EU’s Tulipp project delivers three new use cases

October 30, 2018 // By Ally Winning
Tulipp, an EU initiative targeting the development of embedded image processing systems, has delivered Use Cases for Medical X-Ray Imaging, automotive ADAS and UAVs.

The new Tulipp (Towards Ubiquitous Low-power Image Processing Platforms) Use Cases are intended to be paired with the Tulipp embedded computing reference platform for a comprehensive embedded vision solution.

The new Uses Cases will be demonstrated at Vision 2018 in Stuttgart, Germany from 6-8 November 2018 . Tulipp will also hold a practical workshop on the Project at the HiPeac 2019 Conference in Valencia, Spain on 22 January 2019 and deliver an in-depth tutorial on 23 January 2019. Participants in the HiPeac workshop and tutorial will receive a free Tulipp development kit.

The Medical X-Ray Imaging Use Case consists of an embedded computing board with a medical X-ray imaging sensor which eliminates noise on images at lower radiation levels. The ADAS Use Case runs pedestrian detection algorithms real-time on a small, low-power, embedded platform. The UAVs Use Case provides real-time obstacle detection and avoidance based around a lightweight and low-cost stereo camera setup.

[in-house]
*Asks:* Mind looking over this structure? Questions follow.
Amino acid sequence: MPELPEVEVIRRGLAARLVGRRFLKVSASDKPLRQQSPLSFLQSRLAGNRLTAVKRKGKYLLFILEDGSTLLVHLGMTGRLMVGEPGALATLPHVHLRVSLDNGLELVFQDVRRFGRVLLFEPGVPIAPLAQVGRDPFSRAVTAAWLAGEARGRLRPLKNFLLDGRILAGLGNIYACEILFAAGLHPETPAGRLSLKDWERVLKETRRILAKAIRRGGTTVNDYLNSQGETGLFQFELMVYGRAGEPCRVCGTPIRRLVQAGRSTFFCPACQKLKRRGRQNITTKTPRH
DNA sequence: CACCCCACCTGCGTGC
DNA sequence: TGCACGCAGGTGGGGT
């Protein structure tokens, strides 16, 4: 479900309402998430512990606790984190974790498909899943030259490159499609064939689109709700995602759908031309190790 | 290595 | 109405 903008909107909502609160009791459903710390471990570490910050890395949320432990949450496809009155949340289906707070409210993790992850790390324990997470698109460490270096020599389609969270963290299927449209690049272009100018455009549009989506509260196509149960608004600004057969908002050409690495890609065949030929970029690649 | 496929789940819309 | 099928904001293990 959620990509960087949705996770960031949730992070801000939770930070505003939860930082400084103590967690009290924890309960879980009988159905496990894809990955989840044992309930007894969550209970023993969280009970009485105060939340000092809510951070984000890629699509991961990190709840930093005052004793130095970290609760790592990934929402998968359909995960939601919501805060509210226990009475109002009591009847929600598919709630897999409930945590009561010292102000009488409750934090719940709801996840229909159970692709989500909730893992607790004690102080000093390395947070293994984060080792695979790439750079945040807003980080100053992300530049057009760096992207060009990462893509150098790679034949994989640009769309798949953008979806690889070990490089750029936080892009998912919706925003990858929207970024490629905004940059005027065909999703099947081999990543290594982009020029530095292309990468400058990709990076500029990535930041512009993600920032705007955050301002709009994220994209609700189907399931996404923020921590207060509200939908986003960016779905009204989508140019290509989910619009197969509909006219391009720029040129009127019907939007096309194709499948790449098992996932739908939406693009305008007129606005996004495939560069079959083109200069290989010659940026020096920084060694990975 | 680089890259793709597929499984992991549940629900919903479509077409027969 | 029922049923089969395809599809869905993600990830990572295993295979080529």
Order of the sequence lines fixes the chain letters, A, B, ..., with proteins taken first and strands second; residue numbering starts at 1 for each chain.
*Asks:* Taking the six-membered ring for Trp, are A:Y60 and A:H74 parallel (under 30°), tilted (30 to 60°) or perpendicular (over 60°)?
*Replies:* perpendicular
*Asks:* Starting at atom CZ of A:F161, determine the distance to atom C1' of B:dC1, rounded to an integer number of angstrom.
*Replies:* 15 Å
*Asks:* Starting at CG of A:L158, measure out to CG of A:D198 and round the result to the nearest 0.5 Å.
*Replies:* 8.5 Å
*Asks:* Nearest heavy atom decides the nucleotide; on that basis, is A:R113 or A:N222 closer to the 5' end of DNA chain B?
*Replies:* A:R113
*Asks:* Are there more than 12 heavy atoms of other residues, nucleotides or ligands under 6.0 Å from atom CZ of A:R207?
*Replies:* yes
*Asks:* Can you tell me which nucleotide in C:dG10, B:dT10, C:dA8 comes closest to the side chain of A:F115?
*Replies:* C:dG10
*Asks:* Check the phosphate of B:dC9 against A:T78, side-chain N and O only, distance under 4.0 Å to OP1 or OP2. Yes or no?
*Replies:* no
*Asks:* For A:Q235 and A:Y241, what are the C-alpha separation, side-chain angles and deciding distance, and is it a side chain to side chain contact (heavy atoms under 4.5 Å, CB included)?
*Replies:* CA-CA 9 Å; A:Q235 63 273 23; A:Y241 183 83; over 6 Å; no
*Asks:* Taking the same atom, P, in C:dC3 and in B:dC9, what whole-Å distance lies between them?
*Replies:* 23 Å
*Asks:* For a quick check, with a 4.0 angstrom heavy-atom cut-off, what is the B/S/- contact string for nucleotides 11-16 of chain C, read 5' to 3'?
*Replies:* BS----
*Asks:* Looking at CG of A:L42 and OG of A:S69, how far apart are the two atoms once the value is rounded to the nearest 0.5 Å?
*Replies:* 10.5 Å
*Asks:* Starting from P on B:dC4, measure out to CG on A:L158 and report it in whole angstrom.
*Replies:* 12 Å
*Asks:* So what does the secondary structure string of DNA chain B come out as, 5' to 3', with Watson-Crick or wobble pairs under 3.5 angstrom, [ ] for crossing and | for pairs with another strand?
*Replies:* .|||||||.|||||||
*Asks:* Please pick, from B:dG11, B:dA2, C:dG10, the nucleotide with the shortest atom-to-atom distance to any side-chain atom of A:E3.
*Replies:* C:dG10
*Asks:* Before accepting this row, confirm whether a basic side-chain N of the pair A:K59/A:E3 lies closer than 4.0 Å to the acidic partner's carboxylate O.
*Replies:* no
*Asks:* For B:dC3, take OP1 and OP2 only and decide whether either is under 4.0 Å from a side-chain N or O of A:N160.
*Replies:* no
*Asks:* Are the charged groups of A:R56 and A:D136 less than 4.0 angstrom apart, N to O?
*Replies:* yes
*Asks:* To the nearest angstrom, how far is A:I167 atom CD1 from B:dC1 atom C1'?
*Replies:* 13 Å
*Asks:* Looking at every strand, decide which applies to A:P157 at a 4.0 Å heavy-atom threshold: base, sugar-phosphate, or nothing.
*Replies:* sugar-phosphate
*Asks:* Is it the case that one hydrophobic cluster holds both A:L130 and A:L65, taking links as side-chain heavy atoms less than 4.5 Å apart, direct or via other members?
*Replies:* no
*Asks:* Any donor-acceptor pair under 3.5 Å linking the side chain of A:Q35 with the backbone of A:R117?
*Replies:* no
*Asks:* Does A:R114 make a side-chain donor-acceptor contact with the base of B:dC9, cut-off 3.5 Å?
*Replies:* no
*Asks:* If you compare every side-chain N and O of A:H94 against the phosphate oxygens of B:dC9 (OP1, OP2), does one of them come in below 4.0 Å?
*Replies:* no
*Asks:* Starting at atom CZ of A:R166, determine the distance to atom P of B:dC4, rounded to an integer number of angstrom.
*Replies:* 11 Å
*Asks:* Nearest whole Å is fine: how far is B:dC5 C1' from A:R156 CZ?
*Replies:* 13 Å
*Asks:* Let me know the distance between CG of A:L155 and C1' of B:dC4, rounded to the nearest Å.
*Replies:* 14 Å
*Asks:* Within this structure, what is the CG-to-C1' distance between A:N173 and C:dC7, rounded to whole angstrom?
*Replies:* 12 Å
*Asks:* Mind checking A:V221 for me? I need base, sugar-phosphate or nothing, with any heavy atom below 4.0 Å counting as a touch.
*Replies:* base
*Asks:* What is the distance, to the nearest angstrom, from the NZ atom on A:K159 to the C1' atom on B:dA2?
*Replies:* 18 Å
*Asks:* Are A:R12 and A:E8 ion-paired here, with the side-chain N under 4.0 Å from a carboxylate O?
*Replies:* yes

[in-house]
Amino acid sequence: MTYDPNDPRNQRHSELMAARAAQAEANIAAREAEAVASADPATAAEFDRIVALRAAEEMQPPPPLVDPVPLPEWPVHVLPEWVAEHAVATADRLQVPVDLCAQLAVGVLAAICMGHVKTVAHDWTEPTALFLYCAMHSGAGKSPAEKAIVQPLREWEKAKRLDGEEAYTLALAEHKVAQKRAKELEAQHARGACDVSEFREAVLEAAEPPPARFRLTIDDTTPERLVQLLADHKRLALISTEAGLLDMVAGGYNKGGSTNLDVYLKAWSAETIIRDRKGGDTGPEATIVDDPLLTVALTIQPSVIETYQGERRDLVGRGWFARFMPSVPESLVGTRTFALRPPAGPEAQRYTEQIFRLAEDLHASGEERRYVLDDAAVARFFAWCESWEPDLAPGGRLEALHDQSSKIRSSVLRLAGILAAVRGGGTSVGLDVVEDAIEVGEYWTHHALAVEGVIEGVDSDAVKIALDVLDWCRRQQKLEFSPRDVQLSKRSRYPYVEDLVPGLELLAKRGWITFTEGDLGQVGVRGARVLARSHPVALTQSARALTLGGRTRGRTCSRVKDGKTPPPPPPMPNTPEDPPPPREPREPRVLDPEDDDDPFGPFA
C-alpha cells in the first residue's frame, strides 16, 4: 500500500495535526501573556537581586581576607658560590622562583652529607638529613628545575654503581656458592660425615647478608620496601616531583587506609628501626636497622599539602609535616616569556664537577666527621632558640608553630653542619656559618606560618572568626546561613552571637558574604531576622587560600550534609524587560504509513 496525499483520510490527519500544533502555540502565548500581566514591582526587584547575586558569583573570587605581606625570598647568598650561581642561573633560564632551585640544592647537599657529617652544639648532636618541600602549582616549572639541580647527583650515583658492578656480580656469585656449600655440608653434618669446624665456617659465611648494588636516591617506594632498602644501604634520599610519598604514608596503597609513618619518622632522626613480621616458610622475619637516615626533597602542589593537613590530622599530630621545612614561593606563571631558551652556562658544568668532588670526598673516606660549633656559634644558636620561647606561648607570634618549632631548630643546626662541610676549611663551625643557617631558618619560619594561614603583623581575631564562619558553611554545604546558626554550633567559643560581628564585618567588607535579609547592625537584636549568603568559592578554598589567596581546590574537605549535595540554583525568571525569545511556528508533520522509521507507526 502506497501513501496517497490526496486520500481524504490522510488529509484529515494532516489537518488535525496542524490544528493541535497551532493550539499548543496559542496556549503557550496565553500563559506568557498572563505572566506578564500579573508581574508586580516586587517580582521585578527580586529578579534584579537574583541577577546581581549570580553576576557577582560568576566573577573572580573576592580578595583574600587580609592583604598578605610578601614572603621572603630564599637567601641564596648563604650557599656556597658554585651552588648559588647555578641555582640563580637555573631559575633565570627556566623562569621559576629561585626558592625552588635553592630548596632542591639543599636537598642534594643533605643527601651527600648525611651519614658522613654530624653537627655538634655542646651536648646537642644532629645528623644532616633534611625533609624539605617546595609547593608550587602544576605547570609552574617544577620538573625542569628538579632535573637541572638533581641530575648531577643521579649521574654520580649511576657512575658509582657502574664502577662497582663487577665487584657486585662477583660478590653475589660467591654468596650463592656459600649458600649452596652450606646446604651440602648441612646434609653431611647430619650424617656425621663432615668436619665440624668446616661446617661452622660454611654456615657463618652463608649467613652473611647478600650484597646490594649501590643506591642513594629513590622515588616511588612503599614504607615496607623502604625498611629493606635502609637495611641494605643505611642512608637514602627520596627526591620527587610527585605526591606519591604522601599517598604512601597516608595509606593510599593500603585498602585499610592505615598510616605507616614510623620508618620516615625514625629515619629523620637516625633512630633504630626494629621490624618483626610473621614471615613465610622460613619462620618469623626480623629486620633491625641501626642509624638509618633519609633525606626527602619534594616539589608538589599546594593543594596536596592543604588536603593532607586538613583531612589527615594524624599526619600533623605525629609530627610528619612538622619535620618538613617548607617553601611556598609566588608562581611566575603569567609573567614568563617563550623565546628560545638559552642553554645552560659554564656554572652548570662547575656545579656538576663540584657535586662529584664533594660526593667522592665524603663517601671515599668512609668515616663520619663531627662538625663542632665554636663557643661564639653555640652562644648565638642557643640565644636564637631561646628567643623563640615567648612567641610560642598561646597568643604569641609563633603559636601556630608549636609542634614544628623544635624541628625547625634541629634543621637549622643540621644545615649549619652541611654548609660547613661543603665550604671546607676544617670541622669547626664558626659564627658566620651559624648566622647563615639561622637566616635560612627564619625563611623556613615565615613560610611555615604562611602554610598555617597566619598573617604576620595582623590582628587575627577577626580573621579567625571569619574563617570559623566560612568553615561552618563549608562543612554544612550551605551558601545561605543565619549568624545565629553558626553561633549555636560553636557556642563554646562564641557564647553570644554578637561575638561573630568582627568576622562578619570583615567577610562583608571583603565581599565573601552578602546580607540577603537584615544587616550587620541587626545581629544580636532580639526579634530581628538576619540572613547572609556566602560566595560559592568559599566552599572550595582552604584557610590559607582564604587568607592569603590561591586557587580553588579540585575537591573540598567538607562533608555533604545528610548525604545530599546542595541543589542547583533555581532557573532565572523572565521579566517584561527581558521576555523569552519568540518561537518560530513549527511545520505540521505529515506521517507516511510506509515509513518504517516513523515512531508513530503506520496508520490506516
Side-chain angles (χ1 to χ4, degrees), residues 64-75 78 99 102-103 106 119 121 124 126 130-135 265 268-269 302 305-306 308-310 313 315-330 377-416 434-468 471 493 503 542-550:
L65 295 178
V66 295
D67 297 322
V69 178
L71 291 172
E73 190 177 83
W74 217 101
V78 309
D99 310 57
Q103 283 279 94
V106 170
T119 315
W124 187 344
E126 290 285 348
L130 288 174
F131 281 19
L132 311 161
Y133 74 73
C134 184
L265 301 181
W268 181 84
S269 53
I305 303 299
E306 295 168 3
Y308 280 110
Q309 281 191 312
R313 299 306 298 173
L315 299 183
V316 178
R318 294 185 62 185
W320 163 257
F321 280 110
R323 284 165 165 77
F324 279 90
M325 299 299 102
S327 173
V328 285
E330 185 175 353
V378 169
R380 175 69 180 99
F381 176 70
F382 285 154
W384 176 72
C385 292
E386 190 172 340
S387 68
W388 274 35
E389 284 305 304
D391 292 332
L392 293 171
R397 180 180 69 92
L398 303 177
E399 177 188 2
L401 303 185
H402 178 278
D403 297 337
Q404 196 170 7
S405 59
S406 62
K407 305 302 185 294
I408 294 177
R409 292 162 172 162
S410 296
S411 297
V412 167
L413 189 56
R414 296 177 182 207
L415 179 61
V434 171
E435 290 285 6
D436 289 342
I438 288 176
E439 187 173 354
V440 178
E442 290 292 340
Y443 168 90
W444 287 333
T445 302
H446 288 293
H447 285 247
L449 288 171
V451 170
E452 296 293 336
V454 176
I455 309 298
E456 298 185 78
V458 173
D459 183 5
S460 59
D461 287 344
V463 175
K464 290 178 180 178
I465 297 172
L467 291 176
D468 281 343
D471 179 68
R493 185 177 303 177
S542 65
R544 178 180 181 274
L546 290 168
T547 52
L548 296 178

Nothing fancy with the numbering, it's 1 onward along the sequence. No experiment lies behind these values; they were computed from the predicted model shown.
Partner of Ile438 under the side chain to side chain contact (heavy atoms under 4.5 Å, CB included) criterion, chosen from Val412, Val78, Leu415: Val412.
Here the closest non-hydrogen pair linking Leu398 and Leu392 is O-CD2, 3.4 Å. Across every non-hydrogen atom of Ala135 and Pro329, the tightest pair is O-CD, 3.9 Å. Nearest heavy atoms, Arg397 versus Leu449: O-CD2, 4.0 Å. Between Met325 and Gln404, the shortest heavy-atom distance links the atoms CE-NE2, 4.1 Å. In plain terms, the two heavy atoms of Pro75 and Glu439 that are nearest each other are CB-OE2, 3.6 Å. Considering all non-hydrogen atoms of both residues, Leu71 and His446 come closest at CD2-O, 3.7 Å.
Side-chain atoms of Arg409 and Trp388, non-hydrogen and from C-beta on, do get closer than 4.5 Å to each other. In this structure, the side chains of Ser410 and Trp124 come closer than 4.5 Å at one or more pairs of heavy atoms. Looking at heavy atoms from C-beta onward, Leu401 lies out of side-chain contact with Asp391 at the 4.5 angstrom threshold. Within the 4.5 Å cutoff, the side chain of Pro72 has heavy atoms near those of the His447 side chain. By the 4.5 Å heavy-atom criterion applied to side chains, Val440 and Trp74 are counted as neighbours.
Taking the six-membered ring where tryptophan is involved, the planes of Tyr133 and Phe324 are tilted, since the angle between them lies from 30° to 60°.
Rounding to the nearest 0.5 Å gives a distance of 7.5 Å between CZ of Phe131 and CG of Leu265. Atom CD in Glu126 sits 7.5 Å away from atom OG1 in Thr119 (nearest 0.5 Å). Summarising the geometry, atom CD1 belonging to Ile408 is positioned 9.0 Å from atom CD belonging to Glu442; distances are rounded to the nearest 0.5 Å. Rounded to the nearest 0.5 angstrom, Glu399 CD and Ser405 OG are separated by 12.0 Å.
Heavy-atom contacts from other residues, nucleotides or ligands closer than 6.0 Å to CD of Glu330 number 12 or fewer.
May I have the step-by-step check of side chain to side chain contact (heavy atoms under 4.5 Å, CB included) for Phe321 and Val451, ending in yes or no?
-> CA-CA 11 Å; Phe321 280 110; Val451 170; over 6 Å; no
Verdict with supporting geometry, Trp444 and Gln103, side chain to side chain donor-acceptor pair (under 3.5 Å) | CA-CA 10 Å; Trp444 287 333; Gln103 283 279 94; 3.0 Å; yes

The Medical X-Ray Imaging Use Case demonstrates advanced image enhancement algorithms for X-Ray images running at high frame rates. It focuses on improving the performance of X-Ray imaging Mobile C-Arms, which provide an internal view of a patient’s body in real-time during the course of an operation to deliver, increases surgeon efficiency and accuracy with minimal incision sizes, aids faster patient recovery and lowers nosocomial disease risks. Tulipp’s embedded hardware reference platform is the size of a smart phone. The Use Case demonstrates how radiation doses, which are typically 30 times ambient radiation levels, can be reduced by 75% while maintaining the clarity of the real-time X-Ray images.

The Tulipp ADAS Use Case demonstrates pedestrian recognition in real-time based on the Viola & Jones algorithm. The ADAS Use Case achieves a processing time per frame of 66ms, which means that the algorithm reaches the target of running on every second image when the camera runs at 30Hz.

Tulipp’s UAV Use Case uses disparity maps, which are computed


Vous êtes certain ?

Si vous désactivez les cookies, vous ne pouvez plus naviguer sur le site.

Vous allez être rediriger vers Google.